Banks Offer Own Plan for Reducing Third World Debt
The world’s big banks, seeking to blunt growing demands that they forgive much of the debt owed by Third World countries, offered Wednesday to write off more of such loans--but only if the United States and other countries provide them with new incentives.
In a 38-page report unveiled by the Institute of International Finance, which represents 186 large banks in the United States and 39 other countries, the bankers called for new government loan guarantees, bigger tax breaks for banks and less stringent banking rules.
Barry F. Sullivan, chairman of First Chicago Bank and head of the Washington-based IIF, argued that the banks need new inducements to provide such relief because debtor countries have not done enough to reform their economies and are not yet credit worthy on their own.
He also warned against mandatory debt-forgiveness schemes that would require banks to write down their Third World debt, reducing its value on their books, regardless of what the debtor countries do. He said that if such schemes were put into effect, many debtor countries would never be able to borrow in the marketplace again.
Wednesday’s proposal marked the first time that commercial banks as a group have formally offered to step up their voluntary writeoffs of Third World debt. Sullivan described it as “a major statement” on their part.
The document, described as a “consensus” proposal that reflects the views of all the larger banks, was designed to head off mounting pressure in Washington for commercial banks to take on a larger share of the burden of resolving the 6 1/2-year-old global debt problem.
Top U.S. policy-makers as well as those in debtor and creditor countries alike have conceded that the current strategy for handling the huge burden of outstanding loans is not working adequately and needs some revamping. President-elect George Bush has pledged a major review of the U.S. approach to Third World debt, and new proposals are expected in the next several weeks.
Bush has also singled out the commercial banks, complaining that they “haven’t loaned as much as they might” to Third World countries under the current debt strategy, known as the Baker Plan, after former Secretary of the Treasury James A. Baker III, who outlined it in the autumn of 1985.
That approach called for the banks to commit themselves to $29 billion in new lending to Third World countries between 1985 and 1988. Instead, they have lent about $10 billion--only enough for the debtor countries to keep up interest payments on previous loans.
Bush has ruled out any notion that the government might actually require commercial banks to forgive current Third World debt, but U.S. government policy-makers have signaled that they clearly want the banks to shoulder more of the burden of providing debt-relief to Third World countries.
Bush is expected to propose relaxing bank regulatory policies and providing new tax deductions to enable the banks to write down more of their Third World loans voluntarily--much as the banks now are asking. But some members of Congress are pressing for outright debt forgiveness.
Mandating that banks cancel their Third World debt, Sullivan charged Wednesday, would be “inequitable and politically impractical” and would hurt debtor countries in the long run by closing off the possibility that they could ever obtain new loans again.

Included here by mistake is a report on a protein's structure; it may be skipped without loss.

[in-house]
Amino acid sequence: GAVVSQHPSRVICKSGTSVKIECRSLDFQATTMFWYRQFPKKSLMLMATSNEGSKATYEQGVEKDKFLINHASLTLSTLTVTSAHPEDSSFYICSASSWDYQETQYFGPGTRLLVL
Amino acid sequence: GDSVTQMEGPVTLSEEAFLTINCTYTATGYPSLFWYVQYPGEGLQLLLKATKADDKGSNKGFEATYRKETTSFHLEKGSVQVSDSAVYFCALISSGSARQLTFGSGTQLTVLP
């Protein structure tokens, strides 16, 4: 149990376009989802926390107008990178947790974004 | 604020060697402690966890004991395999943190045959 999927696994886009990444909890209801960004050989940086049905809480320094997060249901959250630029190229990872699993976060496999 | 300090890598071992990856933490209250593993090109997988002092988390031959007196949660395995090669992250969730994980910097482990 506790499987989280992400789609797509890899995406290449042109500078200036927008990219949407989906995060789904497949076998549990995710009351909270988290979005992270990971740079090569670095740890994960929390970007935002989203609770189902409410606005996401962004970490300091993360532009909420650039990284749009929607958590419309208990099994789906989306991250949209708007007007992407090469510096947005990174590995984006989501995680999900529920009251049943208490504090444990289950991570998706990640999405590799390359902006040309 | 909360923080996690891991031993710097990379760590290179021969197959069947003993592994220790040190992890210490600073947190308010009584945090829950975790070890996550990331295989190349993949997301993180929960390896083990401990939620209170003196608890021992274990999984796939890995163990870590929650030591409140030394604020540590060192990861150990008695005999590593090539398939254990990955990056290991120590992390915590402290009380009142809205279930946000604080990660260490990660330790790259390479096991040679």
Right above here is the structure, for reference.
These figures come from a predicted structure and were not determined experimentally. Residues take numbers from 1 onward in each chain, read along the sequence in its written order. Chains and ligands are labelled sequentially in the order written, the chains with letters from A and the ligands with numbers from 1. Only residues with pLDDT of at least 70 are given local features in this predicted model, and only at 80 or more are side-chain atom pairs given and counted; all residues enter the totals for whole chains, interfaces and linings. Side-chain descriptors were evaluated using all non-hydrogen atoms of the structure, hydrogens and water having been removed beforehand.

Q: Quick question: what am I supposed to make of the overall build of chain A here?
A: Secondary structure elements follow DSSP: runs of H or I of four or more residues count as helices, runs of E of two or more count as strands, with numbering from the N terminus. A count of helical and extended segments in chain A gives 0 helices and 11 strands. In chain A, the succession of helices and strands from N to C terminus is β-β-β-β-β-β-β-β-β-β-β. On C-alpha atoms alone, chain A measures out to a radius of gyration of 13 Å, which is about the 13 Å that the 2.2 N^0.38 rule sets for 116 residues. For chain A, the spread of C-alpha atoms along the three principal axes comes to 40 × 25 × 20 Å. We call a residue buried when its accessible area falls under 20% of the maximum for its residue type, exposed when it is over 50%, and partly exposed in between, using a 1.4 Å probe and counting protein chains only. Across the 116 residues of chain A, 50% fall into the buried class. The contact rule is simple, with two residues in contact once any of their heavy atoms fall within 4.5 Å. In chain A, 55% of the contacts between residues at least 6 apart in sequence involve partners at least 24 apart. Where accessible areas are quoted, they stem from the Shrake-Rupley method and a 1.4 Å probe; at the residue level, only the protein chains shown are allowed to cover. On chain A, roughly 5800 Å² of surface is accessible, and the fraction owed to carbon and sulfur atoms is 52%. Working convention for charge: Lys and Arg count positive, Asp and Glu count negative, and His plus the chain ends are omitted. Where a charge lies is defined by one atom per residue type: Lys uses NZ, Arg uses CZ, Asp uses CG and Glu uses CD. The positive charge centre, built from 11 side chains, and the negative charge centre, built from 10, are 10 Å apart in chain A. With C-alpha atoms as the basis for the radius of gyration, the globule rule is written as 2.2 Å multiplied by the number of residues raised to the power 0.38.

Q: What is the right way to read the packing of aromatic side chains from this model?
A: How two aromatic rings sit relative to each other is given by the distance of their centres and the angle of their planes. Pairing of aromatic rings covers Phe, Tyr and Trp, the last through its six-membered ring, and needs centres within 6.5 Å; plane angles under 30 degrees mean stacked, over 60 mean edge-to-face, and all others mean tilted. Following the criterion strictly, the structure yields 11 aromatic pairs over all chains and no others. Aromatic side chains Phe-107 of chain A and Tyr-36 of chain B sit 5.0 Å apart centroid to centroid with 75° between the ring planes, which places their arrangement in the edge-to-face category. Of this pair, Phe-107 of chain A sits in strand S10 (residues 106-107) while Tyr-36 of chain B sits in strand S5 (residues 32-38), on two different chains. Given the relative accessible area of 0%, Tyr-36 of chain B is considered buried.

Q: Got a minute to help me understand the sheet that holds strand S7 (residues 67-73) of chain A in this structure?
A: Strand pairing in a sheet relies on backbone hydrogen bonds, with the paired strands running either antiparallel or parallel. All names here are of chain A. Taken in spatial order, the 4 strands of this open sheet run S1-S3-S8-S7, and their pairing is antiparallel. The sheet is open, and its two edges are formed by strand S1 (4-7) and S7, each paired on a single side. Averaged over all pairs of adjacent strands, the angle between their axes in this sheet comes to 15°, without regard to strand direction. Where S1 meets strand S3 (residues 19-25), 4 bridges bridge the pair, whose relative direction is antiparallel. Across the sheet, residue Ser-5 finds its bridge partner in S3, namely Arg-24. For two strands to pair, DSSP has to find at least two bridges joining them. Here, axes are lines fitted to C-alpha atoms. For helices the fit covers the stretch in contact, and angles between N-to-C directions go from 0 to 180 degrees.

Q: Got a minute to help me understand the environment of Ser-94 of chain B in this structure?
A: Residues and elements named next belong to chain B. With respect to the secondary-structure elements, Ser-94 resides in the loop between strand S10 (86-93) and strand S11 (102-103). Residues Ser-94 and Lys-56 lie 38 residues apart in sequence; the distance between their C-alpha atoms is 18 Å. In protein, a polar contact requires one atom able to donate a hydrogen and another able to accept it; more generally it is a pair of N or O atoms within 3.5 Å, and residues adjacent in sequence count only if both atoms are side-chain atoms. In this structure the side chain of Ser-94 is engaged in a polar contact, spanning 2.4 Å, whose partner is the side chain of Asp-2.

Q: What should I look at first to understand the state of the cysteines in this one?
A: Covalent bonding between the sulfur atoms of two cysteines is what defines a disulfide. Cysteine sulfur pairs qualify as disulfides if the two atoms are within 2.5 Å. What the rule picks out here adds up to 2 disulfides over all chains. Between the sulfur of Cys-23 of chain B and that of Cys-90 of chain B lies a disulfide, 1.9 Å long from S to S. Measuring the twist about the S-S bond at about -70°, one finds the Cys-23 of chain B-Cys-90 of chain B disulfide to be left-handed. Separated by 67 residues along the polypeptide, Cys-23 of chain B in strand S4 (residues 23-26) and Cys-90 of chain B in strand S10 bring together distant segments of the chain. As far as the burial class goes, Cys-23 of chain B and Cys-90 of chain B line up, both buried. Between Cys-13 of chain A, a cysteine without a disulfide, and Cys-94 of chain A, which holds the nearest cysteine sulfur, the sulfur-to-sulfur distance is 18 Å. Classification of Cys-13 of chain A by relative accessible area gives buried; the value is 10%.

As part of the banks’ proposal, he pledged that if the creditor governments provided new concessions, the banks would step up lending to developing countries--as well as writing down more loans voluntarily--and might even commit to lending for several years.
“The banks will deliver their piece of the action,” Sullivan said.
But he conceded that any such new lending is still likely to be well below its pace during the early 1980s--at least until the Third World governments put their economic houses in order. Over-lending in the early 1980s helped pave the way for the current debt problem.
Both Sullivan and Horst Schulmann, former West German deputy finance minister and managing director of the IIF, dismissed suggestions by critics that providing such new incentives for the banks--at taxpayers’ expense--would amount to a “bailout” of big banks.
Schulmann argued that since additional bank lending is essential to resolving the problem, “whatever makes (the banks) participate is a bail-in, not a bailout.” He added that if the debtor countries were to default on loans, it would cost taxpayers money eventually.
Part of the reason for the mounting pressure for banks to shoulder more of the burden is that they are financially stronger than they were and better able to write loans down. When the debt problem erupted in 1982, policy-makers feared that a default could spark a financial collapse.
In recent years, however, small banks have disposed of their Third World loans, while the big banks have built up reserves to cover themselves against possible defaults. For the past 2 1/2 years, policy-makers have regarded them as able to absorb sizable defaults.
The changes that Bush Administration officials are considering would ease tax laws and regulations requiring banks to count debt writedowns as business losses and replace them with provisions that would enable them to provide debt relief without being hurt.
So-called voluntary debt writedowns are those that result from negotiations between the banks and the debtor countries. In such cases, the debtor country often agrees to provide long-term bonds to the bank in return for discounting the debt to market levels.